There are 153 million children worldwide who are orphans with an estimated 31 million orphans living in India. Yet, we never hear our elected officials, whether in India or the United States, discuss their plight; the plight of children who have no one looking out for them.
The loss of parents leaves children vulnerable to exploitation, and more often than not, their problems are left forgotten. Instead, the media would focus on what name-brand clothes a celebrity’s child is wearing, rather than the plight of the children fighting for survival.
You wouldn’t pick at a still-healing wound; it would hurt you. Then why would we pick at the emotional wounds that people bear? The loss of parents not only leaves children vulnerable to trauma, but the loss itself leaves a mark on children. Yet, we constantly remind them of that loss, that trauma. This is particularly evident in Hindi (India’s national language), which refers to orphans as ‘anath‘.
‘Nath‘ – the Hindi word derives from the Sanskrit ‘natha‘ meaning lord, protector or master. The prefix ‘a-‘ means ‘without’. For example, if ‘shudh‘ in Hindi means pure, then ‘ashudh‘ would mean impure or without purity.
So, ‘anath‘ literally means ‘without protection, without god.’
‘Anath‘ literally reminds them that they are without something. Yes, they have faced an unimaginable loss, but that doesn’t mean they should be reminded of that loss being referred to as literally ‘without god or Protection’. For that matter, what gives society the right to say that a child is ‘without god, without protection’.
A child saw his parents murdered; his siblings killed and is then forced to flee for his life. The child eventually makes his way to New Delhi, where he struggles to find his way in life. He finally decides to join the army only to fail on his first attempt, but he perseveres until he successfully gains entrance on his fourth attempt.
The army then introduces the young man who previously “didn’t even know what running was or the Olympics” to sports. This is a true story. It is Milkha Singh’s story, an ‘anath‘ or a child ‘without god and protection’, who eventually became known as the ‘Flying Sikh’. Milkha Singh was indeed tragically orphaned during the India-Pakistan partition violence when his parents and siblings were killed. But did that make him ‘without god or without protection’?
Milkha Singh did serve as a witness to his family’s murder, but he also triumphed in the face of great tragedy and adversity to become a revered Indian sports icon. He was the first gold medalist at the Commonwealth Games from an independent India and set multiple national records as an Indian track and field sprinter.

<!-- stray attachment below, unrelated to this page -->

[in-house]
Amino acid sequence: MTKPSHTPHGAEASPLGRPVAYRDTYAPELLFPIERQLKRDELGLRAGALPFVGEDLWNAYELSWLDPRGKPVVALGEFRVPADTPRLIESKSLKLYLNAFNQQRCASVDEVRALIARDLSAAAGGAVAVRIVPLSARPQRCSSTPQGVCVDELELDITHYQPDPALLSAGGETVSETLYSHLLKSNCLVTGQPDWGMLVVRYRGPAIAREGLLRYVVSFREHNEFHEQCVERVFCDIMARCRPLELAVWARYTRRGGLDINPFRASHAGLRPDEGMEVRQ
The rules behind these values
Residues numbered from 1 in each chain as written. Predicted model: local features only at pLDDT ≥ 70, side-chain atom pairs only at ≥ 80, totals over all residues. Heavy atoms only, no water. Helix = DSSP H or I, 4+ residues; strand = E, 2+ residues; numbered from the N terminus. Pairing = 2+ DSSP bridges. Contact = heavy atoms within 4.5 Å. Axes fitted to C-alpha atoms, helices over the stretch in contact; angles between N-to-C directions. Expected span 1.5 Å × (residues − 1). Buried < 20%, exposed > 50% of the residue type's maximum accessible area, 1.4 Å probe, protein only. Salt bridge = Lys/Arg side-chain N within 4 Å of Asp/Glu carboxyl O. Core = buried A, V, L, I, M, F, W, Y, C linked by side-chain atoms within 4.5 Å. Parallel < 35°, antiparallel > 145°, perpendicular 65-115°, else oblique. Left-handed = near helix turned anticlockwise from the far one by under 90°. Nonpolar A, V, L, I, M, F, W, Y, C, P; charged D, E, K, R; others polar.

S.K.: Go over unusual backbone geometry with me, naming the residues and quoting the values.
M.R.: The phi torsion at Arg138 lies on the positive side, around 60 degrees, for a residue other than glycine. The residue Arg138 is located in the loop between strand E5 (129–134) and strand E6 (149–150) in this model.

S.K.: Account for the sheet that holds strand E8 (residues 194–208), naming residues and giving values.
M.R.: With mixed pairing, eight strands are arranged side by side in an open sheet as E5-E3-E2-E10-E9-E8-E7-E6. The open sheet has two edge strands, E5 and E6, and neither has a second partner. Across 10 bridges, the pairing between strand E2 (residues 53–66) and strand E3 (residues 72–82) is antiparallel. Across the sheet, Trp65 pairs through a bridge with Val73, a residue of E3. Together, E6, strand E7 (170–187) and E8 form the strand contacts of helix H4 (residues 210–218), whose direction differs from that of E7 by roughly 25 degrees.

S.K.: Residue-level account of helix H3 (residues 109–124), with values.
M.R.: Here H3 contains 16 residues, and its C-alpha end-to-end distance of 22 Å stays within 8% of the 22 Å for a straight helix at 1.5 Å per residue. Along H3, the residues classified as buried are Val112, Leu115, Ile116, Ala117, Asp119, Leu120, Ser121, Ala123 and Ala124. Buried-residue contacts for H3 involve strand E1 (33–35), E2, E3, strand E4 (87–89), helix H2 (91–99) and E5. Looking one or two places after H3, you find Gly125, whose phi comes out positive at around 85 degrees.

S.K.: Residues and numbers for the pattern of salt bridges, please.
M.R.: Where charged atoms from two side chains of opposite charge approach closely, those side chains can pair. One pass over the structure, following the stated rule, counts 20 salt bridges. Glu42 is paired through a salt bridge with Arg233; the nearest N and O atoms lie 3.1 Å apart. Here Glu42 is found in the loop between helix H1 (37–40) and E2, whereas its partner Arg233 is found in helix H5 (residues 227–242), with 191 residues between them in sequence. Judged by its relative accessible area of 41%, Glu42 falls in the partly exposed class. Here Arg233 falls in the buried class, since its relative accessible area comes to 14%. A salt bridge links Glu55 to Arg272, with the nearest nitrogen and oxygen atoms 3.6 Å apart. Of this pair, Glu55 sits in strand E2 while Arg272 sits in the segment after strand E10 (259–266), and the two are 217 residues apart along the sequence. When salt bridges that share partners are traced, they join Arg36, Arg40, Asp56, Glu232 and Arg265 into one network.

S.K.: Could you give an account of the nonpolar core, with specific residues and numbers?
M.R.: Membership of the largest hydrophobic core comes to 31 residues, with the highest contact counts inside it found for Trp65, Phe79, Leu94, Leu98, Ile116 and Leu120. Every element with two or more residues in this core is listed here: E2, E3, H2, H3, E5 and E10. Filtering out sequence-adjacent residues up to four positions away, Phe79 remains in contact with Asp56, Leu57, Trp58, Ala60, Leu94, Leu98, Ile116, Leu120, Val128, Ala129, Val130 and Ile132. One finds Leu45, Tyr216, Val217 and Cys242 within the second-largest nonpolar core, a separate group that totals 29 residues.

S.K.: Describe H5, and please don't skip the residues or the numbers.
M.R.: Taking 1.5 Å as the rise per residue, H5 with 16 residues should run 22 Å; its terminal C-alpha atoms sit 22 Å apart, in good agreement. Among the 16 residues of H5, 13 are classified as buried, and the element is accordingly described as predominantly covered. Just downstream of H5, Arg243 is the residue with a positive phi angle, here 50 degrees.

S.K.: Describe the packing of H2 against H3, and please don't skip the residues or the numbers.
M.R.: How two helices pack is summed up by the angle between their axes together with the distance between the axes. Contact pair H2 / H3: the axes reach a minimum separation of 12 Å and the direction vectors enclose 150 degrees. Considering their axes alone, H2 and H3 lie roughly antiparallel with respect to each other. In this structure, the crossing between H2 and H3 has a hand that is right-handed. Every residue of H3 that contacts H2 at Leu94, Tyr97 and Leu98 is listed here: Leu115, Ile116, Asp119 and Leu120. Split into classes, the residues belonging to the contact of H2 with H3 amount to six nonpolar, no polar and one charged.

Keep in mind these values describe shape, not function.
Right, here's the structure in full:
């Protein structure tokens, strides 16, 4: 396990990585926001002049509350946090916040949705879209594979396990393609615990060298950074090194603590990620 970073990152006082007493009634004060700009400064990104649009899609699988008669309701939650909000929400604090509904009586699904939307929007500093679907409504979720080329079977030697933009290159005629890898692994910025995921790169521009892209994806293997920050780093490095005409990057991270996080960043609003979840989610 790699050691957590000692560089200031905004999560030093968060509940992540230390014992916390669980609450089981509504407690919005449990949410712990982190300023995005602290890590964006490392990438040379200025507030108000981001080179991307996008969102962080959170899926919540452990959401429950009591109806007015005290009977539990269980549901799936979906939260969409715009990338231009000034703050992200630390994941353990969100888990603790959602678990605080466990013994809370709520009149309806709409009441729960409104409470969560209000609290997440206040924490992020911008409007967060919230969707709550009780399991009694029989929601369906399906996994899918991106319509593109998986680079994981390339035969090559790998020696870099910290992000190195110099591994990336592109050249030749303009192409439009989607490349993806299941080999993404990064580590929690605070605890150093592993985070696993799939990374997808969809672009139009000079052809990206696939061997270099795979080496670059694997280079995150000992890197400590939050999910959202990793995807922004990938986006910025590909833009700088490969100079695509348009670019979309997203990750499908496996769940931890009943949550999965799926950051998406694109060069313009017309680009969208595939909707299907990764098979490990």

Even though it has been decades since his retirement, he remains a source of inspiration and pride for Indians. No, he was not ‘without god’. In fact, no child is ‘without god or god’s protection’. So, how can we refer to millions of children as ‘anath‘?
I understand that people may not see the difference between the English term ‘orphan‘ and Hindi word for it – ‘anath‘. The term “orphan” solely refers to children whose parents have died – it is a neutral term of its own standing even though the meaning of the term orphan has a negative connotation. However, ‘anath‘ essentially fuses two words together to literally refer to children as ‘without god’s protection or love’.
It is simply not right. That child is not ‘without god’ simply because they have lost their parents. In fact, god resides in each and every person, inside each and every soul. The Hindu Vedic scriptures could not have said that a child who has lost their parents is a child without god not when the core belief of Hinduism is that god is in everyone and that everyone is in god.
It is clear that the term ‘anath‘ itself reflects societal flaws and perceptions rather than the societal ideals we should strive for.
It is imperative that we change how the Hindi language refers to orphans. Children are precious, they are our future, and we need to acknowledge that.
On that note, not only should we recognize the struggles faced by orphans, but also salute those who have fought for the rights of these forgotten children.
Sindhutai Sapkal, the ‘Mother of Orphans,’ was a recipient of the Padma Shri Award 2021 (the highest civilian award for Indians) for adopting close to 2,000 orphans. She took on the responsibility of keeping a dozen orphans fed even as she struggled to survive by begging on the streets.
She protected the children from prowling predators and provided a family to them even as unconventional it was on the streets. Eventually, she devoted her entire life to orphans. And the orphans who lived on the streets with her are now doctors and lawyers.
Some have continued her legacy of compassion by giving a home to the orphans. Sindhutai Sapkal would never say that her children were ‘without god’s protection or blessings’. Then why do we? It is time that Indian scholars change how we refer to orphans in the Indian language. To remember that they are not just ‘without’.